"Because of the controls for partisanship, we know these results are not just driven by Republicans or other groups being more likely to watch Fox News," said Dan Cassino, a professor of political science at Fairleigh Dickinson and an analyst for the PublicMind Poll. "Rather, the results show us that there is something about watching Fox News that leads people to do worse on these questions than those who don’t watch any news at all."



Austin's Musicians Caught In Conundrum

by John Burnett
December 23, 2011

Sixth Street in downtown Austin, Texas, is one of the city's premiere live music districts. Guitar-shaped Christmas decorations hang on light poles, and the street is alive with bands and bars. Tonight you can hear ­­­­­­­­Austin Heat at the Thirsty Nickel, Mike Milligan and the Altar Boys at Maggie Mae's, or you could catch Misbehavin' at the Dizzy Rooster.

Austin is one of the fastest-growing cities in the country. Young people are moving there in search of its plentiful sunshine, freewheeling lifestyle, hi-tech jobs and vibrant music scene. However, more and more musicians find they cannot afford to live in the self-styled "Live Music Capital of the World."

In Austin, music seems to bubble up like an artesian spring. Yet many musicians cannot make a reasonable living wage in this town, which is why they need cheap rent. Hence the moment of silence last week when the Wilson Street Cottages were boarded shut.


Despite the high cost of living, more than 170 new people move to Austin every day. Consequently, Austin has become the most expensive city in Texas to buy or rent a home in.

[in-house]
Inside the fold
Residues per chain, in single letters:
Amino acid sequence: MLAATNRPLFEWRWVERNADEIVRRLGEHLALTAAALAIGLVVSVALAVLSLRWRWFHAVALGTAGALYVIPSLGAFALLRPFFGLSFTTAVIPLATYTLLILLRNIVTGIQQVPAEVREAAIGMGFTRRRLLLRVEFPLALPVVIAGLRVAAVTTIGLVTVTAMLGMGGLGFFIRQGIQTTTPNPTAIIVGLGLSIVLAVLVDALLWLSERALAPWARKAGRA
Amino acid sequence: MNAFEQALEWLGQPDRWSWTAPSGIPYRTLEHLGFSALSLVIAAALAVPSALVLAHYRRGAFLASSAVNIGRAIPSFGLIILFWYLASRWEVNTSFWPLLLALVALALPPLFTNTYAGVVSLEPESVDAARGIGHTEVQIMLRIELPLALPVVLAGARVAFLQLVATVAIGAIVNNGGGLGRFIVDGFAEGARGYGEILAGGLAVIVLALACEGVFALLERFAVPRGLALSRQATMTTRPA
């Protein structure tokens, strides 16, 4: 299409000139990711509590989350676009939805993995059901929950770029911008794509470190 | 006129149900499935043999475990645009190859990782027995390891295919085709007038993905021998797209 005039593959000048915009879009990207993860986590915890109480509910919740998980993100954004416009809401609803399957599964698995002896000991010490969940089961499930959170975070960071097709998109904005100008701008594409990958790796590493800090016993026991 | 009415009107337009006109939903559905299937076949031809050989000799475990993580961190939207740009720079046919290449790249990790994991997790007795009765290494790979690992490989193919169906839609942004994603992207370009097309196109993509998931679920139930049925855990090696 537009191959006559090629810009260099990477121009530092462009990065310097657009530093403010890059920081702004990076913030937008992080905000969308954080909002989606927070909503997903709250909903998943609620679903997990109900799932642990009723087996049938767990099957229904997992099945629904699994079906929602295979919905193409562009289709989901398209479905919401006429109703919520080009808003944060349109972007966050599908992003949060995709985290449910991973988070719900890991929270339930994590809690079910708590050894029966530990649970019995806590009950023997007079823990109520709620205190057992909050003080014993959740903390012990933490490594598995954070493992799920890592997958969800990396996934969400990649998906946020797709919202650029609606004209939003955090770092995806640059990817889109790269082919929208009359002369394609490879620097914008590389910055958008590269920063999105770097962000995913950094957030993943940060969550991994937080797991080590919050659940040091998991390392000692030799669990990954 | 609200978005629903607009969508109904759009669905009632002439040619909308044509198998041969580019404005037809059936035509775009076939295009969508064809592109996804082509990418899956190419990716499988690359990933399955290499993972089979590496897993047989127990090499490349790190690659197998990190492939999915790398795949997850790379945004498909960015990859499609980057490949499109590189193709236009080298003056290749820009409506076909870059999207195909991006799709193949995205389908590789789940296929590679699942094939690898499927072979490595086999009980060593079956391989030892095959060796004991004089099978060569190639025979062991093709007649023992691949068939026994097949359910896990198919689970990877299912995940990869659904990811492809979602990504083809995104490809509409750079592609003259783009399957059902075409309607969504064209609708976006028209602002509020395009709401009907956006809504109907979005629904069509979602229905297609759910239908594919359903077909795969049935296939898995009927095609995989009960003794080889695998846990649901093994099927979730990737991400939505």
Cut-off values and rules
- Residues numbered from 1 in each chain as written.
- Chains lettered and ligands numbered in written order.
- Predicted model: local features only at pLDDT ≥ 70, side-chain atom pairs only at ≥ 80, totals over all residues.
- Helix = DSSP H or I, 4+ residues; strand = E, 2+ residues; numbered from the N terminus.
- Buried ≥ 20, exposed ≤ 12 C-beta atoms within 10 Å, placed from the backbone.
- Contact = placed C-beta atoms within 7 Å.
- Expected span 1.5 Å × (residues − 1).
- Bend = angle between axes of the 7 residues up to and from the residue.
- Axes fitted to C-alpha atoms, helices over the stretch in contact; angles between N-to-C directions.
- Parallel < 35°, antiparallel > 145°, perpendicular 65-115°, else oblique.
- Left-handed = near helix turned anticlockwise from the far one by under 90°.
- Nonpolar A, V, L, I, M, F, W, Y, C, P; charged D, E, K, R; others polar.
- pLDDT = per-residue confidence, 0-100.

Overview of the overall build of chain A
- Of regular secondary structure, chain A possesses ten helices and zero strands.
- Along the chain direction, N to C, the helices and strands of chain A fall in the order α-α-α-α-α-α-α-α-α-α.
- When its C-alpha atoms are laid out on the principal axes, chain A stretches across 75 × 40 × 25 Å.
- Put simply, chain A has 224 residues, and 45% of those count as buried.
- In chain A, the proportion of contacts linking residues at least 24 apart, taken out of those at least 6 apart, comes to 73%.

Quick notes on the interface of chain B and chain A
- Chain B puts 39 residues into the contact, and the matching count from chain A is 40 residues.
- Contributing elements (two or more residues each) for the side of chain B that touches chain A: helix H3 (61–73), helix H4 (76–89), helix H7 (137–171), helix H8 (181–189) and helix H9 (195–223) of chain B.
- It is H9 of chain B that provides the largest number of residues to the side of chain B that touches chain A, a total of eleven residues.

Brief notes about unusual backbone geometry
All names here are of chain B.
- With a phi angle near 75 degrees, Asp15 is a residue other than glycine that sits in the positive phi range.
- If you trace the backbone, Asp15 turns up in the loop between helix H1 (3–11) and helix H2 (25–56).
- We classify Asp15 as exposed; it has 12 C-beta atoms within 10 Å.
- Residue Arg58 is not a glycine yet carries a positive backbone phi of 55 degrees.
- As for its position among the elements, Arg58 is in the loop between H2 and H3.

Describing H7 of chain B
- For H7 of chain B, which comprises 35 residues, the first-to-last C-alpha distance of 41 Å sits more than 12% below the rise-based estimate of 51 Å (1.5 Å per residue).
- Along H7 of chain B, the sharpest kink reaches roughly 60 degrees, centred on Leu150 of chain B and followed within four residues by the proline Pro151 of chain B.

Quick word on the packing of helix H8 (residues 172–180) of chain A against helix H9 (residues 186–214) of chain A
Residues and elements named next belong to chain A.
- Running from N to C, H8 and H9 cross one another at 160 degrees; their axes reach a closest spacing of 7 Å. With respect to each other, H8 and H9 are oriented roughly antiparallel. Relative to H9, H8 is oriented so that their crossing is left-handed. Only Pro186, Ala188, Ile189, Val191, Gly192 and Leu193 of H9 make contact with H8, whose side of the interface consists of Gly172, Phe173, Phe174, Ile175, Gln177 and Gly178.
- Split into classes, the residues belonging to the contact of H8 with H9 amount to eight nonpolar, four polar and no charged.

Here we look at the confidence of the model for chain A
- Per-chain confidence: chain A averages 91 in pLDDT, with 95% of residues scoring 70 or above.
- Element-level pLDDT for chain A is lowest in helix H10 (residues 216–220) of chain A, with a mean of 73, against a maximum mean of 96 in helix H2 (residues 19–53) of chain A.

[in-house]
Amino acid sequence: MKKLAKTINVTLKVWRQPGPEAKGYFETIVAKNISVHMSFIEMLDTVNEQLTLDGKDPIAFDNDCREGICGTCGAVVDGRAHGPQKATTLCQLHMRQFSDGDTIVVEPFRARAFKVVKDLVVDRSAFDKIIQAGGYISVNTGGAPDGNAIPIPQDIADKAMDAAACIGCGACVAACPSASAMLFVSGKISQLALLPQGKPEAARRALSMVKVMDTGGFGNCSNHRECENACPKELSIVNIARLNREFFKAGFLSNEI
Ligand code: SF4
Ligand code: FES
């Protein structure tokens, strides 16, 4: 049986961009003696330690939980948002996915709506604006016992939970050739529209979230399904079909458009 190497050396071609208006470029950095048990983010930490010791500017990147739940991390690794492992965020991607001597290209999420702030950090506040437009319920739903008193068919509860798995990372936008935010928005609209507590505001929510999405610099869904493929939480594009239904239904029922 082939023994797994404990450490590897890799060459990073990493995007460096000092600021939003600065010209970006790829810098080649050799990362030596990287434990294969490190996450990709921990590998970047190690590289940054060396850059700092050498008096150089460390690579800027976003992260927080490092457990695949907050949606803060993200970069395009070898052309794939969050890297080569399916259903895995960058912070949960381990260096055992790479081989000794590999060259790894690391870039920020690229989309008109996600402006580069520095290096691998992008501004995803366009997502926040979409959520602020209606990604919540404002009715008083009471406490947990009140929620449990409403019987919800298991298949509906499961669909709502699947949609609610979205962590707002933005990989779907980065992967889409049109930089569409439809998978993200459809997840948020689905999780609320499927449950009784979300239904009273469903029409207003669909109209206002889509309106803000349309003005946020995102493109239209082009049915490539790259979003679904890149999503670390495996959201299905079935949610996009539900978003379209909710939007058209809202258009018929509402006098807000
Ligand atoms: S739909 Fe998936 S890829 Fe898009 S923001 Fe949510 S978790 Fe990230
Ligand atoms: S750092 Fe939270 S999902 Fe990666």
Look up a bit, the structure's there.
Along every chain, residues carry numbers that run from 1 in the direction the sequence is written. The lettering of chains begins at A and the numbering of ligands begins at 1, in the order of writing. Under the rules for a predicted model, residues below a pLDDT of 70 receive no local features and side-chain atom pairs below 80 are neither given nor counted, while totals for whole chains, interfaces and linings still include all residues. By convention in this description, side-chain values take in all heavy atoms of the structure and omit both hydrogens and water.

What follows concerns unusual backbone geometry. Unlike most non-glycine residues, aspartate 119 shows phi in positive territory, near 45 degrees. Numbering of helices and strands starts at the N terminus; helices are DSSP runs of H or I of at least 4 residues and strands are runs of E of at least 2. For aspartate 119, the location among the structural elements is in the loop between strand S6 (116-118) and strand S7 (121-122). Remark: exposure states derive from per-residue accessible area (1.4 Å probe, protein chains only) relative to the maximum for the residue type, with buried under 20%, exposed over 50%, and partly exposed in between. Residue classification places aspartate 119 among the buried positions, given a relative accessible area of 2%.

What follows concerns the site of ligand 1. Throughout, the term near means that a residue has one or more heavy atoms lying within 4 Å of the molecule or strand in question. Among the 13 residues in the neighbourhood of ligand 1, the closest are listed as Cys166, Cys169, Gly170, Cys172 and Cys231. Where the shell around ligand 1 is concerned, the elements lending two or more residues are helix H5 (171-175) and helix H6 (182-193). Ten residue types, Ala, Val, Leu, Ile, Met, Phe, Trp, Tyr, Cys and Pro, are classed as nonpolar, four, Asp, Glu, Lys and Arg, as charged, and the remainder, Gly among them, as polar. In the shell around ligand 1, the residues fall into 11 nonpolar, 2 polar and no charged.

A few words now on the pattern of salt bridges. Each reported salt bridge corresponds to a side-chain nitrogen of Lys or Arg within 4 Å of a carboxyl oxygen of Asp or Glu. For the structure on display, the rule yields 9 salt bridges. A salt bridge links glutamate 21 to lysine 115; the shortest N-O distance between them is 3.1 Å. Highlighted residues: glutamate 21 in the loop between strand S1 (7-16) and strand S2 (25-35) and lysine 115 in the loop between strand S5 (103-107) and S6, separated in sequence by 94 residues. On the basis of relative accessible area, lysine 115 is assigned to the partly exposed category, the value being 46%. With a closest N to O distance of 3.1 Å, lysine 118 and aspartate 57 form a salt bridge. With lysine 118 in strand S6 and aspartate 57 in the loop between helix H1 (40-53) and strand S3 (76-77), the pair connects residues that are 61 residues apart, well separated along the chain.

So here's the kill-the-golden-goose paradox: The music scene is one of the biggest reasons why people are flocking to Austin, and all those new people are crowding out the musicians who make the music.

One of Austin's greatest creative success stories is South by Southwest, or SXSW. In a modern downtown office building, a staff of 83 annually produces an interactive media festival and a film festival as well as the storied music festival. In March, 2,000 acts will play in 80 clubs across the city over the course of the festival.

"I feel like at this point there's so much momentum behind the idea of Austin being a place for artists and musicians to gather, that it's going be really hard to stamp that out," says Roland Swensen, the founder of SXSW.

Swensen agrees that high-priced real estate is pushing starving artists further out into the periphery suburbs of Austin.

"But there's give and take here. I mean, yeah, it's more expensive, it's harder, but there's also more opportunities now than there were before. There are many more places to play than there used to be," says Swensen.

So, what can be done?